NGR SP 691895
The lift was designed by Gordon Cale Thomas and built by W H Gwynne of Hammersmith London. It had 2 tanks or caissons, each capable of holding 2 narrow boats or a barge. The tanks were full of water, and balanced each other. The lift was powered by a 25 horsepower engine. A journey time of 12 minutes for 2 boats up and 2 down, improved the speed tremendously, and the same "lump" of water went up and down the hill all day so a very big saving of water was achieved giving better control of this precious resource.
Foxton locks being refurbished in 2000 The lift worked well but, the locks at Watford Gap were never widened, and the traffic didn't increase. This made the lift uneconomic. The locks were refurbished for night traffic in 1909. FMC wanted to use their steam boats for "Fly runs" non stop boating, the crew taking turns to sleep. They could compete with the time tables of the railways.
Winding gear, 1900 In 1911 the Lift was mothballed to save money, the traffic returning to the locks which have been in use ever since. In 1928 the machinery was sold for scrap.
Situated on the Leicester Line of the Grand Union Canal, Foxton Inclined Plane was originally built between 1898 and 1900 to reduce the amount of water used by the existing flight of ten locks and to speed up the transit of boats along the waterway. Foxton is one of only three scheduled inclines in England and it is the only one on a navigable waterway. It was the largest, built with the greatest carrying capacity and its construction alongside the lock flight provides a unique example of the historical development of methods to overcome changing levels on canals. Boats entered wheeled tanks of water caissons measuring 80ft x 15ft (24m x 4.5m) which were then transported sideways on rails between the two levels of the canal, a height difference of 75 feet (22m). Both tanks were moved, one descending as the other ascended. An adjacent steam engine helped to overcome friction and provided extra braking.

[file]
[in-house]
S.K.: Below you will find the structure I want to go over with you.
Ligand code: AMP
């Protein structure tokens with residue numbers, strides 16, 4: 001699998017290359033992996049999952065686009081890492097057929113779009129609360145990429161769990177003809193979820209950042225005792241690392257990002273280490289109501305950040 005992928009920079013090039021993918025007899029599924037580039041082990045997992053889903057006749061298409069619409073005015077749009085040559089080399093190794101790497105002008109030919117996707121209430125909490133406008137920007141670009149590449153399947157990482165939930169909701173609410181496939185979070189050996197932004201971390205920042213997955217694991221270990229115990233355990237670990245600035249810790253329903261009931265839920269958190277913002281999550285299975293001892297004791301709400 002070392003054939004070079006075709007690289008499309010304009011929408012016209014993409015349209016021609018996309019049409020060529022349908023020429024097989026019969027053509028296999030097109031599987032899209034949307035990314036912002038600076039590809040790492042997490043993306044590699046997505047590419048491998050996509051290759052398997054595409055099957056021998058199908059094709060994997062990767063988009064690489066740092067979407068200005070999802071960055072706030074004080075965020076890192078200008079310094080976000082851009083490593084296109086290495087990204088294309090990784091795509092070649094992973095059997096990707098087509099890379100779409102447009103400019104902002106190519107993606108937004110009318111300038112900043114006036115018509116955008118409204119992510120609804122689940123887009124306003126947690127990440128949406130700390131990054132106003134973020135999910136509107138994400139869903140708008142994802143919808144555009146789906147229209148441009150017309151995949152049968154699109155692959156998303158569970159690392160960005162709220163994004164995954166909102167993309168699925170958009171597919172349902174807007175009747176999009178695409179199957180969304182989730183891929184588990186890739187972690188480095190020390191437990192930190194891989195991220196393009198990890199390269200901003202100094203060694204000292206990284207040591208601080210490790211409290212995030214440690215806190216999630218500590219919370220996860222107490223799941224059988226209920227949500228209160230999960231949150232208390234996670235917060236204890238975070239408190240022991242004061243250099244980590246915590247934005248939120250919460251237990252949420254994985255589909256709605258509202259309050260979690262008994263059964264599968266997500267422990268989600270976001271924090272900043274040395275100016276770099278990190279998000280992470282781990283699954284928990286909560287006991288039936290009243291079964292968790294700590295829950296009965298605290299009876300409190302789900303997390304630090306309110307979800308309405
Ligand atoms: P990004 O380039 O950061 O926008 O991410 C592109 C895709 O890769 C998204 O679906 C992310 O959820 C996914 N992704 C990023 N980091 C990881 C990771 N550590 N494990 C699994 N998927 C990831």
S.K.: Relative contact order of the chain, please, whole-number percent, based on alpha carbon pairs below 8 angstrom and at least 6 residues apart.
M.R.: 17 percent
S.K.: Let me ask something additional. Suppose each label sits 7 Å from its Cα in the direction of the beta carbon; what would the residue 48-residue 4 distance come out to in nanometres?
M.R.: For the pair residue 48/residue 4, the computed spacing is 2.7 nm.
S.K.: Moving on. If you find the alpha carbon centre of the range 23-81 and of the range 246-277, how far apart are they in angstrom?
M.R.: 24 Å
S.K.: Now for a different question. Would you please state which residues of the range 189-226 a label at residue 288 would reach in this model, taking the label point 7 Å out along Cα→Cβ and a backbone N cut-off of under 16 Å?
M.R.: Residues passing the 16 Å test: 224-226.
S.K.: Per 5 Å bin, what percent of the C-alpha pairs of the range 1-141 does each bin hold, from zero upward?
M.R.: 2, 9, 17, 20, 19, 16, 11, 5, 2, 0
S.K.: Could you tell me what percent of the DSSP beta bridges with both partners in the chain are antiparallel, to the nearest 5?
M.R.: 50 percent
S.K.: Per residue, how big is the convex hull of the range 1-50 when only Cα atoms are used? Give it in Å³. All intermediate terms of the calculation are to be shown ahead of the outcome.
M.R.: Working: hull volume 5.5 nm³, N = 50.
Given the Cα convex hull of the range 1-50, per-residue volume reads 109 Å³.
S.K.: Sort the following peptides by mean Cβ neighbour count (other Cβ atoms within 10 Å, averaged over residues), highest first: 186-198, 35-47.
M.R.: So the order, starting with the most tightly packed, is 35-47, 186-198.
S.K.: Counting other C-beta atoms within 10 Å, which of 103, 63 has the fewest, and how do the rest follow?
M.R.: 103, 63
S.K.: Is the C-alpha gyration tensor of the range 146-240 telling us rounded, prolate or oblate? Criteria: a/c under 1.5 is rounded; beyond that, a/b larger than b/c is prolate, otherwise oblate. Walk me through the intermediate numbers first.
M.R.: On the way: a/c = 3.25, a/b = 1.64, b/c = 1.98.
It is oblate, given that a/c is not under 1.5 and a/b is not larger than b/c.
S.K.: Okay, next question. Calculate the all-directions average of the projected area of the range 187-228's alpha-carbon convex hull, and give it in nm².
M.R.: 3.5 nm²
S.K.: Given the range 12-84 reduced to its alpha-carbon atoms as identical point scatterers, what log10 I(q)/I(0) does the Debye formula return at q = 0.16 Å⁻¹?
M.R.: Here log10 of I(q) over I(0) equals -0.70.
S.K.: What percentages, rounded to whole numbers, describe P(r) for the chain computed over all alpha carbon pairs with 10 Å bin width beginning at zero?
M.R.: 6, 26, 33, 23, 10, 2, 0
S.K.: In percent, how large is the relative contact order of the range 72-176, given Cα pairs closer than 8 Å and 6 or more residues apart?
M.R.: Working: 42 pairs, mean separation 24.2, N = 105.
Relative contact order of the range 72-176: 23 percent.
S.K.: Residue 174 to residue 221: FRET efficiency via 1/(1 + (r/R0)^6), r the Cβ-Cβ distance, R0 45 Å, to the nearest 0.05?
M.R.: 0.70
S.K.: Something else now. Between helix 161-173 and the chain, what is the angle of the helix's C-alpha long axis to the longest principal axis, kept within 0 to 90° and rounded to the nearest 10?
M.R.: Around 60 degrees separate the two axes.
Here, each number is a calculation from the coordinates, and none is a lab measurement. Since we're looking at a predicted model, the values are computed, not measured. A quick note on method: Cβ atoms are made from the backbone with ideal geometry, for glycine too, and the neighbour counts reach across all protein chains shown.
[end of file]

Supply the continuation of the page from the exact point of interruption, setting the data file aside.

For a decade, the inclined plane operated successfully, reducing the transit time from 70 minutes through the lock flight to just 12 minutes. However, the hoped for traffic never materialised and in 1910 the inclined plane was abandoned and the locks reinstated for all traffic.
Situated on the Leicester Line of the Grand Union Canal, Foxton Inclined Plane was originally built between 1898-1900 to replace the existing flight of 10 locks, reduce the loss of water from the locks and speed up the transit of boats along the waterway. Boats entered wheeled tanks of water caissons measuring 80' x 15' which were then transported sideways on rails between the two levels of the canal a 75 feet (22m) difference. Both tanks were moved at any one time, one descending as the other ascended. An adjacent steam engine helped to overcome friction and provided extra braking. For a decade, the inclined plane successfully minimised water loss and reduced transit time from 70 minutes through the locks to just 12 minutes. However, the hoped-for traffic never materialised and, in 1910, the locks were reinstated for all traffic. In 1927, the significant elements of Foxton Inclined Plane were demolished.